Schoon, 17, a dedicated mother of an 18-month-old baby girl named Kailynn, said she refused to give up on her quest to graduate high school and go to college to study nursing. But she said her first thought was always about her daughter.
“I wanted to focus on my daughter,” she said. “My counselor at West High School my freshman year told me about Stein, and I looked into it a little bit, but I didn’t want my daughter in day care.”
She said she took classes online for a year and two months, but that became too hard when Kailynn began to walk. It was time to find a school that worked into her schedule, and she turned to Stein, which has an on-campus day care program.
“After I saw it and met all the day care ladies, I loved it,” she said. “I transferred to Stein in my junior year. I felt comfortable leaving her there.”
Once again, she could focus on her studies.
Schoon said she also liked the smaller classes. She said it felt as if the students were there to focus on their studies, as opposed to socializing. Now, at the end of her junior year, she has completed all the requirements to graduate.
When a counselor told Schoon that school leaders wanted her to speak at graduation, she said she first felt frightened at the thought. Eventually, though, she decided to do it for Kailynn.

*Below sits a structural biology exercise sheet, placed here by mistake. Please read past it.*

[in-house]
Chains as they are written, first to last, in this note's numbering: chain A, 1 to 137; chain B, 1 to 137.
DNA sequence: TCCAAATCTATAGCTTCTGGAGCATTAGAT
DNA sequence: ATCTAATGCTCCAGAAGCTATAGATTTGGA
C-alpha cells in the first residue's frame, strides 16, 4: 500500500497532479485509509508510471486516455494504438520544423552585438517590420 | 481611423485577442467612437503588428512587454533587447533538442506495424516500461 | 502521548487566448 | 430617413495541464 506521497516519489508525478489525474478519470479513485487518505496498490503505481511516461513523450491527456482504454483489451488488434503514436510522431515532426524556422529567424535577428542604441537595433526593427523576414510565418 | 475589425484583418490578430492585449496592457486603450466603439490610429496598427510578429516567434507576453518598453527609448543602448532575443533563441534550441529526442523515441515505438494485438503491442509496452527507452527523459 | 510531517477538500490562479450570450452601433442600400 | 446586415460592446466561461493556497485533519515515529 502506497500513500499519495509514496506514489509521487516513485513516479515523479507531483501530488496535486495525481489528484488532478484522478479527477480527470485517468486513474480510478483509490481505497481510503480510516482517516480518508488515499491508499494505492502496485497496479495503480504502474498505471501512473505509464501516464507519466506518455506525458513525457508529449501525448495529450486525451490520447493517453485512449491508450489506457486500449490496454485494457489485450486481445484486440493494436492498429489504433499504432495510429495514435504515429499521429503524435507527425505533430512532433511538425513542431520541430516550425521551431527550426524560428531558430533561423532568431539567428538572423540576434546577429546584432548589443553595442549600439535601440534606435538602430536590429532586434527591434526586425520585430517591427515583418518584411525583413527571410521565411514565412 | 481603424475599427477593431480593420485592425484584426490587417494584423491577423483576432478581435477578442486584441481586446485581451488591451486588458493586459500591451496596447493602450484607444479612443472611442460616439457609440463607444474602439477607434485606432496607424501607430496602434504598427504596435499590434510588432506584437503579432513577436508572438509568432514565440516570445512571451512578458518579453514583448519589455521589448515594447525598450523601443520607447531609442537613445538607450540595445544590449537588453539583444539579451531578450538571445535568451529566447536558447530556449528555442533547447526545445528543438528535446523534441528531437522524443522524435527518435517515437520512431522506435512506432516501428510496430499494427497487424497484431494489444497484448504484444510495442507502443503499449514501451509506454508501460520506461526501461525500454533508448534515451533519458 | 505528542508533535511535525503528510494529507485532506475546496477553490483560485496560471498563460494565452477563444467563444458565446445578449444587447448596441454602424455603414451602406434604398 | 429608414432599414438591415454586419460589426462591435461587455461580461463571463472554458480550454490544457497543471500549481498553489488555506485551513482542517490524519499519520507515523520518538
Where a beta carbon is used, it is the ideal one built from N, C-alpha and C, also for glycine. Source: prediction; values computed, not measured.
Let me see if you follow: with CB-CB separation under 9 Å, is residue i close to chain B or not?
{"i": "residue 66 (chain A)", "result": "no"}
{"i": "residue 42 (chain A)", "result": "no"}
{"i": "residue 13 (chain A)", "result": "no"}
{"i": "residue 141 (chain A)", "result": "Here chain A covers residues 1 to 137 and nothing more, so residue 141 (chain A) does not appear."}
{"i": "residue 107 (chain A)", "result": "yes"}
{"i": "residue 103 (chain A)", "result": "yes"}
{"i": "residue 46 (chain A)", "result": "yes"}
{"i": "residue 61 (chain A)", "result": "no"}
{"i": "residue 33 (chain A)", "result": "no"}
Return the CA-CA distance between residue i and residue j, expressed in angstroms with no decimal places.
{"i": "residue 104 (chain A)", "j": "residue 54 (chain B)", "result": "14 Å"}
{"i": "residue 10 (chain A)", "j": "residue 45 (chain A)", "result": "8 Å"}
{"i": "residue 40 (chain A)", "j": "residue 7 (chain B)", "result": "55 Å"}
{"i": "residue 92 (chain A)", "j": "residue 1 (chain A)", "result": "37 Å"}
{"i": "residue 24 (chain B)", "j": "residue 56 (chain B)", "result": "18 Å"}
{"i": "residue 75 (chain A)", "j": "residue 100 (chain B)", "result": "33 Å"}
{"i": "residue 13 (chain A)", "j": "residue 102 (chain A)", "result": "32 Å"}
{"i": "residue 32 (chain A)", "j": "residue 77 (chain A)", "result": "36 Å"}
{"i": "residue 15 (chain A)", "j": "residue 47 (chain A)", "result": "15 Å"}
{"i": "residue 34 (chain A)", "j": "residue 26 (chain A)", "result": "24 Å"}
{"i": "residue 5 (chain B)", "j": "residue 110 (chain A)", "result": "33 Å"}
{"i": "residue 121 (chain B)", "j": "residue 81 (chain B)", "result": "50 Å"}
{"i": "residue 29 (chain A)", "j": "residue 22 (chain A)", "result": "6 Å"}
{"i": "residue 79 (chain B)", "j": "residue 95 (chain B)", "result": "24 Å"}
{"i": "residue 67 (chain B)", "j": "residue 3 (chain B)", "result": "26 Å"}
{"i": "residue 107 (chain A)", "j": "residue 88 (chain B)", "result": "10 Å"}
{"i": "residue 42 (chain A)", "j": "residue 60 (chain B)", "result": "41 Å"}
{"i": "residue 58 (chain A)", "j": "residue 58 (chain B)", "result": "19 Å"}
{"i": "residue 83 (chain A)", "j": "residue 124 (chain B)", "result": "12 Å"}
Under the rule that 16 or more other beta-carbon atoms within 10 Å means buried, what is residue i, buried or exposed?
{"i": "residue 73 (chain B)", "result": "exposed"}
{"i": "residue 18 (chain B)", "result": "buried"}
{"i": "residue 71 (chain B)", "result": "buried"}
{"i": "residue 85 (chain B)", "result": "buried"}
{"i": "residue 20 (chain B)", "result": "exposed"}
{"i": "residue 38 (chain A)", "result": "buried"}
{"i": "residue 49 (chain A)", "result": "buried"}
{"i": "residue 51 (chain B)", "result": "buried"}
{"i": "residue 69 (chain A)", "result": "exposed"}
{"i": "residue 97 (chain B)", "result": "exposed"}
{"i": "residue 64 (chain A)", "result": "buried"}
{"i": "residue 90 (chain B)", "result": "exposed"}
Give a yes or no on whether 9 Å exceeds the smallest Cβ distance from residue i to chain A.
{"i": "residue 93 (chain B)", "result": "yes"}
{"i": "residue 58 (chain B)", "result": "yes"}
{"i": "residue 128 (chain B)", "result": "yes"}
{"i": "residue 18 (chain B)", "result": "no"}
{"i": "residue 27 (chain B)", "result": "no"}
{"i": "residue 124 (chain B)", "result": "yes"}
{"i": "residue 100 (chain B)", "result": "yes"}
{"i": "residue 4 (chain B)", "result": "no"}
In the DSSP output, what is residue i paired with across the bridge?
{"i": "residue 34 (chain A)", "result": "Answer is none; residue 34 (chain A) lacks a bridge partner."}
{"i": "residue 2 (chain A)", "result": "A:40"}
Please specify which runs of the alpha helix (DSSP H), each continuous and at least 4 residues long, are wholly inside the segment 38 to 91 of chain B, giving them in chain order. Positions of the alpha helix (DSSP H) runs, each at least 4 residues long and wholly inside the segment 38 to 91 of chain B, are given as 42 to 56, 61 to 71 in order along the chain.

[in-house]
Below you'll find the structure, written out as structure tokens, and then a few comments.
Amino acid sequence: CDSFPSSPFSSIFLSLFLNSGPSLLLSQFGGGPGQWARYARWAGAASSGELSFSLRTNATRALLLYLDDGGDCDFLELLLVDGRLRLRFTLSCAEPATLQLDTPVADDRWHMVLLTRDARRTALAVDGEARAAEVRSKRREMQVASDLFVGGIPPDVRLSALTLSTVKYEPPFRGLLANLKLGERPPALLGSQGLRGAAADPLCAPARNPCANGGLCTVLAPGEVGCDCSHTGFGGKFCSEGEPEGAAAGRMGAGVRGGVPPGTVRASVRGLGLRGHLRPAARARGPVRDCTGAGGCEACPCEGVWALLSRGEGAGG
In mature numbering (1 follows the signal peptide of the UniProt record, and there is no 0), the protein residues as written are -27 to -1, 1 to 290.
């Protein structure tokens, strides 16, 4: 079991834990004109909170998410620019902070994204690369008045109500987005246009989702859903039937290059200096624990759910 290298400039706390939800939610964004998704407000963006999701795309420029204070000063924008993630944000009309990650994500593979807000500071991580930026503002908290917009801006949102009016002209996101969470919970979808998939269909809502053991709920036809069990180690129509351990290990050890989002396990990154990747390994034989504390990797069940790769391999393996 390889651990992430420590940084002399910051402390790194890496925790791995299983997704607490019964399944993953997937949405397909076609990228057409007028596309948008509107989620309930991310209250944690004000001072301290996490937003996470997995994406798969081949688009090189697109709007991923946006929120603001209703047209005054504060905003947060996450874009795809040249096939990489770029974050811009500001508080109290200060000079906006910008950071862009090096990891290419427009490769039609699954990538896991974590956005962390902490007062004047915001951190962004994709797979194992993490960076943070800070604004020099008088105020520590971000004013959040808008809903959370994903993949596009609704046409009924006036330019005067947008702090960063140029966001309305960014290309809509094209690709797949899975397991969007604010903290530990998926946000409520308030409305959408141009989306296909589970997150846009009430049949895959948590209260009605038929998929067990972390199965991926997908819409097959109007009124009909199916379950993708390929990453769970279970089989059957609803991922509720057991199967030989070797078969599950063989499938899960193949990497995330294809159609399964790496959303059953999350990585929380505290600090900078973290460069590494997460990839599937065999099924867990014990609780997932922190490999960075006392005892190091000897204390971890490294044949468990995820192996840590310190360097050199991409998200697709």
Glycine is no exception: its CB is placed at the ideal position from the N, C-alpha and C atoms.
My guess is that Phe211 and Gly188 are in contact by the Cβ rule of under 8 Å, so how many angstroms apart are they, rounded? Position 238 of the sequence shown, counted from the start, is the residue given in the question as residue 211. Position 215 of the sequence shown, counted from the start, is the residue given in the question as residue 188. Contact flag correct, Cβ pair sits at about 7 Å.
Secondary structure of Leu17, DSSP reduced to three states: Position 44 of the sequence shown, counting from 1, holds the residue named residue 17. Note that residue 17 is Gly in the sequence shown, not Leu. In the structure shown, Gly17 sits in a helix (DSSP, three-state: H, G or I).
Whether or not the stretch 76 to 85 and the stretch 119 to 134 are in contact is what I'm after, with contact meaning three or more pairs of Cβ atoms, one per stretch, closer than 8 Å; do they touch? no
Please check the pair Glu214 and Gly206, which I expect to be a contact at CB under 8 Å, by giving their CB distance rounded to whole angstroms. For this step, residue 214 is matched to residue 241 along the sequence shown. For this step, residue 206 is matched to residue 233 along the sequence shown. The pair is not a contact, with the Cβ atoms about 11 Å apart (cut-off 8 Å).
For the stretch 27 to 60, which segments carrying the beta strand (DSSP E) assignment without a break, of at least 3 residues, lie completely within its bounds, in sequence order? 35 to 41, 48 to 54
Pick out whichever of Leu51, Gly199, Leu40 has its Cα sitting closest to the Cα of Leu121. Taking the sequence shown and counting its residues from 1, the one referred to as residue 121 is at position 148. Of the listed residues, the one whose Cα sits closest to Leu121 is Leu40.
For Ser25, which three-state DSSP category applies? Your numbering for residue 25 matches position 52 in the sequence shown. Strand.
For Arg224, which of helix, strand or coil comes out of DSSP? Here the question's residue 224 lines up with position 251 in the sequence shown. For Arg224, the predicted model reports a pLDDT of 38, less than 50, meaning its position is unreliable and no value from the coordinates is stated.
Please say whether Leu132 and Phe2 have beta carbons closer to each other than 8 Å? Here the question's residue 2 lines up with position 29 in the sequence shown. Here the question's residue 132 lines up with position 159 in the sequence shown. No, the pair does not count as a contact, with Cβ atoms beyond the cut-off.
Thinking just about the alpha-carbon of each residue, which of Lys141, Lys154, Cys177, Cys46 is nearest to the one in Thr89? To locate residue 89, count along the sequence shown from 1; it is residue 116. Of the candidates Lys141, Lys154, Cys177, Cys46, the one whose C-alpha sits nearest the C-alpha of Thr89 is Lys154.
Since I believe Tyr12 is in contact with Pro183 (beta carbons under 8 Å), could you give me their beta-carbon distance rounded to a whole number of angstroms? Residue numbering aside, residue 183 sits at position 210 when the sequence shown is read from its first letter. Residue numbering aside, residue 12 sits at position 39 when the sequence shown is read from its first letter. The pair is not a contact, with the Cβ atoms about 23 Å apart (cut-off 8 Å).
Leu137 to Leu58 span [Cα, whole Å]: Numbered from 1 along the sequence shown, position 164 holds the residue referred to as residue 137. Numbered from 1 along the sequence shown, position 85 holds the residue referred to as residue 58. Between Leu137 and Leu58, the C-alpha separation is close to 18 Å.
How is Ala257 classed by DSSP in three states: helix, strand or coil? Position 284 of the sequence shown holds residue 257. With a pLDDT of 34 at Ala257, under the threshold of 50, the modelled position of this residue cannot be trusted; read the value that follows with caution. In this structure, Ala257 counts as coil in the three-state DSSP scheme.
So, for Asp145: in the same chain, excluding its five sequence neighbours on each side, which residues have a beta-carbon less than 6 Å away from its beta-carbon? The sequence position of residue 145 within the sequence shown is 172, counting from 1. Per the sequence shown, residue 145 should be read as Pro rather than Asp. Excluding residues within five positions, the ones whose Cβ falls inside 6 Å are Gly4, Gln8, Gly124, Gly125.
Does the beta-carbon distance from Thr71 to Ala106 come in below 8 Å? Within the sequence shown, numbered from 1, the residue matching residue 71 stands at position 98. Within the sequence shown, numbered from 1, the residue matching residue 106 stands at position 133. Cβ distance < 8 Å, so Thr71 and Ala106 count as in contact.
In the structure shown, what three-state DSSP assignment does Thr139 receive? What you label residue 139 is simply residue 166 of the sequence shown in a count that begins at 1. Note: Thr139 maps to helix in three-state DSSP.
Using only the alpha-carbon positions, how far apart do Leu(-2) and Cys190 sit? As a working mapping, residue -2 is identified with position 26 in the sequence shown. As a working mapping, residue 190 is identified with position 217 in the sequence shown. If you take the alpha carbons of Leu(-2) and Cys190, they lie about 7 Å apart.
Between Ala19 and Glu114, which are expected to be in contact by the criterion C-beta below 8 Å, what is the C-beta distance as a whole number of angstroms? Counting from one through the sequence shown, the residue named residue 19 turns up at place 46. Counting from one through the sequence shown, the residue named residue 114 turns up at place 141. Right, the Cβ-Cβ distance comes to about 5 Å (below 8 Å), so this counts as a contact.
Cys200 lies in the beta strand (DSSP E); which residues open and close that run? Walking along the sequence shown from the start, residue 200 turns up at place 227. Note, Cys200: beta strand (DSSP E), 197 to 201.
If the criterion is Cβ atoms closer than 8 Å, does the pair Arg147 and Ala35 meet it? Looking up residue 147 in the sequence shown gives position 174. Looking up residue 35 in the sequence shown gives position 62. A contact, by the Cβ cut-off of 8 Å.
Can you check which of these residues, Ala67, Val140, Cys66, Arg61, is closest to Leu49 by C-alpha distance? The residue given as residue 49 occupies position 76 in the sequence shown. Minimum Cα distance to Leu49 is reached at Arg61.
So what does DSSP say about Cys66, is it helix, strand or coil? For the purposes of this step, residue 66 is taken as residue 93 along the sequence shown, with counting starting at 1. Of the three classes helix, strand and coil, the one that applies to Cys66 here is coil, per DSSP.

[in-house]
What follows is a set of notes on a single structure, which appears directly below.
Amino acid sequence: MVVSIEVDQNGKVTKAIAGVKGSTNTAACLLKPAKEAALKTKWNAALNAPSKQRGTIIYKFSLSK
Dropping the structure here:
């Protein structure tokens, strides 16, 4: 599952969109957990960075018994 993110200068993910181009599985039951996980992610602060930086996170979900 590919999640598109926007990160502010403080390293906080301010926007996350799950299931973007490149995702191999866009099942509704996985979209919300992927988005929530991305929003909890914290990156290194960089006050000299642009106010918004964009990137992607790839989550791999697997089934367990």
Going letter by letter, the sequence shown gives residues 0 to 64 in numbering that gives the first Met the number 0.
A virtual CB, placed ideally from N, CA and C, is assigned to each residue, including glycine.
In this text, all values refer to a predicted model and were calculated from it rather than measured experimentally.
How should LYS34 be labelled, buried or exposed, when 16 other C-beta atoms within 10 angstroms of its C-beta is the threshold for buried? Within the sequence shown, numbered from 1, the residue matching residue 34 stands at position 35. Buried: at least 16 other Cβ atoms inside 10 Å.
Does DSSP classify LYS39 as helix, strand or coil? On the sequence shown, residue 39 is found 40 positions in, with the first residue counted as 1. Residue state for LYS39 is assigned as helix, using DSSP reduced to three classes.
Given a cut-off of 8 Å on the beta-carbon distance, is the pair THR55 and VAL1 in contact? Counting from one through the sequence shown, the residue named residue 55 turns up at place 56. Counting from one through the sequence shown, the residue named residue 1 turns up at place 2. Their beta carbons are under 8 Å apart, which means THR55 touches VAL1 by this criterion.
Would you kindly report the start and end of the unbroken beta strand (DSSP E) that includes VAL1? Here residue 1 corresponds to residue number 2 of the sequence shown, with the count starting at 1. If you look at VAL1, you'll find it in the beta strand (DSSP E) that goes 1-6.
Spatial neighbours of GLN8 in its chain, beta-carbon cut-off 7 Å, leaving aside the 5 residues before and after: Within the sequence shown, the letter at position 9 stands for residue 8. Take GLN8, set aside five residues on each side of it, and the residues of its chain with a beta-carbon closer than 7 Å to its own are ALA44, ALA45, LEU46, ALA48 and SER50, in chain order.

“She motivated me a lot,” she said.
Already attending the nursing program at San Joaquin Delta College, she said she wants to go for a master’s degree eventually in a quest to help others. She said her daughter, parents and two brothers will be at the ceremony Wednesday, May 30, to watch her accept her diploma.
Campos, 18, said she chose Stein High over a traditional high school after her family moved to Tracy in her sophomore year of high school from the city of Hayward.
Missing her friends, Campos said she often found herself in trouble with bad grades at Kimball High School. In her junior year, she realized Stein would provide a better environment for her educational needs.
“All the teachers are not there to be teachers, they’re also there to be friends,” she said. “I was comfortable; (they) helped you and accepted
you more, and they were there to help you.”
When asked to be a graduation speaker, Campos said she first thought it was a joke. Once she realized it was true, she said she felt honored and excited to accept the request.
Providing a large cheering section for Campos at the ceremony will be her mother and stepfather, sister and brother, father and stepmother, and six stepsiblings.
As for the future, Campos said she plans to attend California Culinary Academy in San Francisco in the fall and hopes to open a café.
Stein Principal Cynthia Johannes said she chose her graduate speakers because of their accomplishments. She said both Schoon and Campos excelled in school and stood out among the other students.
The final number of graduating seniors was not available by press time, but school officials estimated that about 100 would participate in the ceremony at 11:30 a.m. May 30 in the Stein High quad.